UNHATE Foundation

A new candidate just threw his wide-brimmed hat into the ring for the Arizona governor’s race.

Meet Juanito, an undocumented immigrant running for higher office in a state where fears over immigration routinely seep into political campaigns.

There’s a catch, though: he’s not real.

The “Vote Juanito 2014” campaign is a project of Unhate Foundation, a marketing arm for United Colors of Benetton, a clothing company.

Advertisement

You might remember Benetton’s attention-grabbing 2011 campaign, where they circulated photoshopped images of world leaders locking lips (Obama smooched Hugo Chávez and Hu Jintao, busy day).

“Juanito” was created to promote the fictional media outlet Unhate News, which Benetton calls “our platform to take particular topics of discrimination, intolerance and injustice, and give them a positive spin.” The idea is for users to create news stories they’d like to see become a reality.

That said, the fake gubernatorial campaign sends a message that could rile supporters and opponents of immigration in the Southwest.

Advertisement

The faux candidate, Juanito, comes across as a caricature, if not a tone-deaf stereotype: his mustache is almost as wide as his cowboy hat and his campaign uses the tri-colors of the Mexican flag. A mock political spot assures you, “He works hard. Really hard.”

Oh yeah, and he’s referred to as an “illegal immigrant” in campaign ads, a term that immigrant-rights activists (and this network) would not use.

“The term ‘illegal’… is just used to make a point in a provocative way,” said Carlo Cavallone, the executive creative director at 72 and Sunny, an Amsterdam-based agency promoting the campaign. “But if you read the website, you’ll realize that our point is that no human being should be called illegal.”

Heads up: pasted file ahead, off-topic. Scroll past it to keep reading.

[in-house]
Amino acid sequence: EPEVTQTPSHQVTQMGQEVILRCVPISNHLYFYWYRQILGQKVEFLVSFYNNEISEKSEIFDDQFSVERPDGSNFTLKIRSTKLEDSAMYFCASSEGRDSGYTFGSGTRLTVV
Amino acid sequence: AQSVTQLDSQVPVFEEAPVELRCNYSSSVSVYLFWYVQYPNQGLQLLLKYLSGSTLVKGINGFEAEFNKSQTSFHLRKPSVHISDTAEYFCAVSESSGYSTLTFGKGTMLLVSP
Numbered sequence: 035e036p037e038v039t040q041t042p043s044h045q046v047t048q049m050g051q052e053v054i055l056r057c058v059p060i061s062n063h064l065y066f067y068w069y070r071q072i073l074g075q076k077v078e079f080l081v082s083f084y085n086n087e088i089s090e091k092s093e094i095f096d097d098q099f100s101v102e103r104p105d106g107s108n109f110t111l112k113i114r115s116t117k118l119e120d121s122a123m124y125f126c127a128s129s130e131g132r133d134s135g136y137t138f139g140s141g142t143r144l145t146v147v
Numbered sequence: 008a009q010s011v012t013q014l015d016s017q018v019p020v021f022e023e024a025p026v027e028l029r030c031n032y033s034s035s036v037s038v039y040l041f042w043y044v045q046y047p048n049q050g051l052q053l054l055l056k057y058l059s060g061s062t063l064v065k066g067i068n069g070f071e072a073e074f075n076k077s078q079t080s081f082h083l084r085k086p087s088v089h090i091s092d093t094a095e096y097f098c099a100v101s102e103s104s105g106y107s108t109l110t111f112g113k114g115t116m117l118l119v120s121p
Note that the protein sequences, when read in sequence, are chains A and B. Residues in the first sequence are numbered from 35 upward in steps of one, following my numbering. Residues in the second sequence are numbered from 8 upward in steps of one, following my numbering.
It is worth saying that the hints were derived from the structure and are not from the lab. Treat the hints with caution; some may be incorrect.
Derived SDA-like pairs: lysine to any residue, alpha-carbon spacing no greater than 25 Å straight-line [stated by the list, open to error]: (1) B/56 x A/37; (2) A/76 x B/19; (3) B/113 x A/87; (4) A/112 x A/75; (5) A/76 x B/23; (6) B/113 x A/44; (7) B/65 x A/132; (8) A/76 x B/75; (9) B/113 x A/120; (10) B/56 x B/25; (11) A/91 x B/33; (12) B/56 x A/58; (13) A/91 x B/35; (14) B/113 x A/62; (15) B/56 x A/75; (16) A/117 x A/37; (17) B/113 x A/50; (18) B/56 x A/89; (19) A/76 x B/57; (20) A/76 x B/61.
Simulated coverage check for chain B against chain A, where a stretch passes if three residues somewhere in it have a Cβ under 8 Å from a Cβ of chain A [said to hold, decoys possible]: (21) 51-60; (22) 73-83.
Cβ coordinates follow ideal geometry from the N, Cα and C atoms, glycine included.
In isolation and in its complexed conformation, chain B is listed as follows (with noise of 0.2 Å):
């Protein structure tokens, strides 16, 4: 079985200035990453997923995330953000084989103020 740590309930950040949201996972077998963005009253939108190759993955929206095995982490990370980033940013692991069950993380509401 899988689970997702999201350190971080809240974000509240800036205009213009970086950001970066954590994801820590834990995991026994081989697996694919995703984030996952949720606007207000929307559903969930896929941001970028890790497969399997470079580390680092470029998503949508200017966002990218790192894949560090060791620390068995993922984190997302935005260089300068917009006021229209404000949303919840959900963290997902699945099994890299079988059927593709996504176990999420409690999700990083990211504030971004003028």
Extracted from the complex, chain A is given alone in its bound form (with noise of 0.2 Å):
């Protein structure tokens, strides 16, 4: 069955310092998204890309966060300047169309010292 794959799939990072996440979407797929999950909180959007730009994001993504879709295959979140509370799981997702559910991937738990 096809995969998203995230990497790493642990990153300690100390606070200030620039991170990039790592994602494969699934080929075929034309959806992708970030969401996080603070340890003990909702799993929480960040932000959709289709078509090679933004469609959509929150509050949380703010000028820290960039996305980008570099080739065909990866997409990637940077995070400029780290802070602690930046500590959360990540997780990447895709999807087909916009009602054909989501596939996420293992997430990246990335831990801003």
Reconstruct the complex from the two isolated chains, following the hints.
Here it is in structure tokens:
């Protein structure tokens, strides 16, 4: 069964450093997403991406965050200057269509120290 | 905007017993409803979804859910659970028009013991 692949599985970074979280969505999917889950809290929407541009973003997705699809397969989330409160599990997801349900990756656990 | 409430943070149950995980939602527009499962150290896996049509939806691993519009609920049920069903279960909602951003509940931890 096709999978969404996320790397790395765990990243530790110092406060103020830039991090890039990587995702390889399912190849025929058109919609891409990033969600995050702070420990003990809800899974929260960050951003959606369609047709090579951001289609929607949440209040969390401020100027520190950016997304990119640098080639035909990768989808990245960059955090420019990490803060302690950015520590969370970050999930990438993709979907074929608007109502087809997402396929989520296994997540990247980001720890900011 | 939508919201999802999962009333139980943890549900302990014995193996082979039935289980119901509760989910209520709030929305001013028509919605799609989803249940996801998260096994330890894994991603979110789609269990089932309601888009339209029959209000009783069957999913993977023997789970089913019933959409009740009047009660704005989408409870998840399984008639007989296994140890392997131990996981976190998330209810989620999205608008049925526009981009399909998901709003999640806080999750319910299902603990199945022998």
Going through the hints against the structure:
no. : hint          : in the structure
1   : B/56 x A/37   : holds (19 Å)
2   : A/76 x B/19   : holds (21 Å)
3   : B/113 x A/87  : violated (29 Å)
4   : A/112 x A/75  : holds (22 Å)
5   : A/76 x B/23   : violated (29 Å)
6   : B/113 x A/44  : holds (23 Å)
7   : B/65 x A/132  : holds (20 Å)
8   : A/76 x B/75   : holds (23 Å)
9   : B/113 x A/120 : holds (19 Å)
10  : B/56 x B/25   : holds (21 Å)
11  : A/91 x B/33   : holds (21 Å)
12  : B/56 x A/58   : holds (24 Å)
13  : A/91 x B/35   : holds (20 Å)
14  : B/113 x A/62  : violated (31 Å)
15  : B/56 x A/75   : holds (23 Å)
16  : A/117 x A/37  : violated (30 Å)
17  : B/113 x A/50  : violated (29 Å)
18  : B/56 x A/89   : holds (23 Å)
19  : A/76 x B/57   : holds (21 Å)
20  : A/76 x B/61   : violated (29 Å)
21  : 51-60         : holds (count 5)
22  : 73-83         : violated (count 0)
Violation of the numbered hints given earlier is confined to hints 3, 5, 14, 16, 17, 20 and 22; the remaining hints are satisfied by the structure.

Benetton is known for pushing boundaries with its advertisements. The kissing campaign three years ago also featured Pope Benedict necking with Sheik Ahmed el-Tayeb, Egypt’s top Muslim cleric. The company pulled that ad after the Vatican complained.

People who don’t like the tone of Benetton’s newest promos can also submit their own projects. Ten submissions will be awarded funding from the Unhate Foundation to develop imaginary news spots.

Advertisement

At the end of the day, this is an ad for a clothing company. But the message behind the immigration project isn’t entirely equivocal, either. Dig into Juanito’s campaign website and you’ll get a glimpse of the intended takeaway from the advertisement, written in Spanish and English.

“A vote for Juanito is a vote for ending the discrimination of immigrants,” the site reads. “It’s a vote for equality and acceptance, a vote to acknowledging the rights of others, no matter where they’re from. It’s a vote saying that no human should ever be considered ‘illegal’.”

Ted Hesson was formerly the immigration editor at Fusion, covering the issue from Washington, D.C. He also writes about drug laws and (occasionally) baseball. On the side: guitars, urban biking, and fiction.